This c. 1915 photo of Monhegan Island shows the steamer May Archer at the dock below the Island House hotel. The large white building to the left is the original Monhegan House
Posts by Matt Wheeler:
Comfortable, modern travel trailers allowed campers to take some of the amenities of home on the road and offered the flexibility of vacationing in different places.
On May 18, 1909 a crowd of 2000 people gathered at the bunting-draped 1888 Eastern Steamship Company wharf in Belfast to await the arrival and christening of the new steamship Belfast
These girls, wearing their Sunday camp uniforms, pose at Camp Tanglewood on a summer day in the 1940s. They were attending the summer camp that the Bangor-Brewer YWCA ran from 1939 to 1972.
In the 1930s Castine was a busy town with four grocery stores, hardware and drug stores, dry goods and shoe stores, an undertaker, a hospital, and the Eastern State Normal School, which trained teachers.
Members of the Weld family from Massachusetts were among North Haven Island’s early “rusticators.” Dr. Charles G. Weld, a Boston physician and philanthropist, purchased Iron Point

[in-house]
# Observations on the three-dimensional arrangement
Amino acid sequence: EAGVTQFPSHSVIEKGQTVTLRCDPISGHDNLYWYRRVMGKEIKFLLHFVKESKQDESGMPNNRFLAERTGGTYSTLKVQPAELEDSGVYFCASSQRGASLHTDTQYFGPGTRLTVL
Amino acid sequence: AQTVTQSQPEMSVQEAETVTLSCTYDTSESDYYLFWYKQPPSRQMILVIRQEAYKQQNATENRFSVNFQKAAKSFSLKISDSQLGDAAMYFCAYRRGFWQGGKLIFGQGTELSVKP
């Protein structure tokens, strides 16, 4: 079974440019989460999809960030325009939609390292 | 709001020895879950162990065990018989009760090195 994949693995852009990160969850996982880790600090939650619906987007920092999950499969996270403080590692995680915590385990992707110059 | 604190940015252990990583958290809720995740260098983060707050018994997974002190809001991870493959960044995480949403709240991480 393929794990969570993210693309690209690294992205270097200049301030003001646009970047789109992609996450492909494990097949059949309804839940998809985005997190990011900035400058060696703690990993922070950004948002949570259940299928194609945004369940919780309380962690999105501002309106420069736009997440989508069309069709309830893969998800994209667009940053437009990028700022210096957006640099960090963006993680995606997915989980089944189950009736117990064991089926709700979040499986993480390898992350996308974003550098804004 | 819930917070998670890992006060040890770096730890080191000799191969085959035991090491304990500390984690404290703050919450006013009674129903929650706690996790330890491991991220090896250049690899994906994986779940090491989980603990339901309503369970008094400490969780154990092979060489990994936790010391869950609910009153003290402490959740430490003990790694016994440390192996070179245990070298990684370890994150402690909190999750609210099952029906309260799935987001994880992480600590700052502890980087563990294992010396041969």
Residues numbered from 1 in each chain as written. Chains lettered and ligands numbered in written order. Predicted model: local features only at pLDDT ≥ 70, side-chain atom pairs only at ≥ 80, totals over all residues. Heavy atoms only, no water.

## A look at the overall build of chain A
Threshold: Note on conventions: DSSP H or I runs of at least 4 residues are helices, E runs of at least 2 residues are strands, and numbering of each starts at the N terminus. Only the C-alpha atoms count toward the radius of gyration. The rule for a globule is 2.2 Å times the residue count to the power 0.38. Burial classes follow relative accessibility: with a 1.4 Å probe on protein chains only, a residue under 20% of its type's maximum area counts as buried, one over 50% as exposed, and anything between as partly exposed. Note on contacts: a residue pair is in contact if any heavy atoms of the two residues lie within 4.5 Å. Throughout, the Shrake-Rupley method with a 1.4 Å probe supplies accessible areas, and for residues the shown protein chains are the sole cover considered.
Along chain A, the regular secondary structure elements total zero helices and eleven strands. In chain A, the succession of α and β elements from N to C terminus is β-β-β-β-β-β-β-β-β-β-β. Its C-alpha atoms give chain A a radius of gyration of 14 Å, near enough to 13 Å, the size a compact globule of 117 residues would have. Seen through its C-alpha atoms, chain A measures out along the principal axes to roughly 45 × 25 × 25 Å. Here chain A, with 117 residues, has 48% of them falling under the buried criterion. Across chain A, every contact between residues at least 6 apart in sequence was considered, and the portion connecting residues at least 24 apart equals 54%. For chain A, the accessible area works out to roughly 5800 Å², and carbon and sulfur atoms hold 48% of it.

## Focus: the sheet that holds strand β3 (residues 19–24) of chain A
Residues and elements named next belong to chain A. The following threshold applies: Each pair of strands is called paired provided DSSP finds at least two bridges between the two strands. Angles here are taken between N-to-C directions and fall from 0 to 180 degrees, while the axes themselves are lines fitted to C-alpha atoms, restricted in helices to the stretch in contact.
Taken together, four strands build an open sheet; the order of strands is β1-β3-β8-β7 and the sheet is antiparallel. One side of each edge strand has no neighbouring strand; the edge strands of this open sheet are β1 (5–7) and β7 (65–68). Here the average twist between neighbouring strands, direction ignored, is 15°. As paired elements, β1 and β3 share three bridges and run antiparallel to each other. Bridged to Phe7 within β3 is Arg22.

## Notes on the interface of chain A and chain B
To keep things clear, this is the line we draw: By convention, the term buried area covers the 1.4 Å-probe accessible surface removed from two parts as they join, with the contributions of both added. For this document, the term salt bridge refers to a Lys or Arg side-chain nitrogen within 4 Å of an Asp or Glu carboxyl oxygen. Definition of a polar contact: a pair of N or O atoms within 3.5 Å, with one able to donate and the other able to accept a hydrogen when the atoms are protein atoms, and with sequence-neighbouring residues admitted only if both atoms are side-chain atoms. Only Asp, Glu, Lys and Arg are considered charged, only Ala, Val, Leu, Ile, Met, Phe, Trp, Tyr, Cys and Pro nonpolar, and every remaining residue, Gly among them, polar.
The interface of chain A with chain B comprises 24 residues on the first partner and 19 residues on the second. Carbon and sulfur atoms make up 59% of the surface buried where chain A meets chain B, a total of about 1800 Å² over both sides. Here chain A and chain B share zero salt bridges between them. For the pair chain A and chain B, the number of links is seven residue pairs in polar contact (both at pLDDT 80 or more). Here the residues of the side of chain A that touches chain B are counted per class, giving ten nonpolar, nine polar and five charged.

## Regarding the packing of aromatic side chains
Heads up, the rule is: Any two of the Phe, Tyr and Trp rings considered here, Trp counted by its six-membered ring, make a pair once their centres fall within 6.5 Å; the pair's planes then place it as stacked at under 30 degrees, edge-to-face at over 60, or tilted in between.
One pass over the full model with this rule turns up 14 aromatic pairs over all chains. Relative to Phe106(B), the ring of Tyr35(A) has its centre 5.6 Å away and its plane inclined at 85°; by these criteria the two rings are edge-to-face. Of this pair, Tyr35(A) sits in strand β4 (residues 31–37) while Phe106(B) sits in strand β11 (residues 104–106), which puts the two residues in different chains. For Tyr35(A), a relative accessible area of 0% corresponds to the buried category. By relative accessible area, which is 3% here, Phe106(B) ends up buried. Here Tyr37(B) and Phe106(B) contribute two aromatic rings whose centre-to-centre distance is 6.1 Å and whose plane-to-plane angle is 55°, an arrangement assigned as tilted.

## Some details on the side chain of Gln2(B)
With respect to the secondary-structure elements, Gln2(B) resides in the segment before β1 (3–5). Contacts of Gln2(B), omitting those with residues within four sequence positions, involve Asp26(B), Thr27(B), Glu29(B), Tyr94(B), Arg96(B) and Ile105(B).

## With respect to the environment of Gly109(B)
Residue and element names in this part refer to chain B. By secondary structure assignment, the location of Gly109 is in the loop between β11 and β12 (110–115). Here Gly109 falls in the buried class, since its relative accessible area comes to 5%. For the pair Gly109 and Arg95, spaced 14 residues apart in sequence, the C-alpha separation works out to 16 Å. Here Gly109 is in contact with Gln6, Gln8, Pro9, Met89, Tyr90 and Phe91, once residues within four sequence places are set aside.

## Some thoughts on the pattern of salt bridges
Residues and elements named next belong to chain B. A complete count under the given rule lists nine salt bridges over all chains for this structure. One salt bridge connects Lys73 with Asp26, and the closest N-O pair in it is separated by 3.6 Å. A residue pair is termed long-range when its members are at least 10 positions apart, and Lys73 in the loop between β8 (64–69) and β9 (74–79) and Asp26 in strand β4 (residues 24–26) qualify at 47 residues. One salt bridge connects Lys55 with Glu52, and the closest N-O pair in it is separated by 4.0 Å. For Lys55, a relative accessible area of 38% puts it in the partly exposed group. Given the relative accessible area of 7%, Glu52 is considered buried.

This two-masted cargo ship is docked at the head of Steuben Bay. Nearby was the Dutton Mill, built in 1895 along the Tunk Stream
This c. 1910 view from Gilman’s Point shows Cutler’s wharfs. At the time the inner harbor was a busy place, with canneries, warehouses, and wharves
The Long Bridge spans the Narraguagus River and joins the east side of Milbridge with the west side. It is one of two Milbridge bridges. The younger people would jump
The Calkins family, originally from Wales then Nova Scotia, settled in the Lubec region about 1830. Some became landholders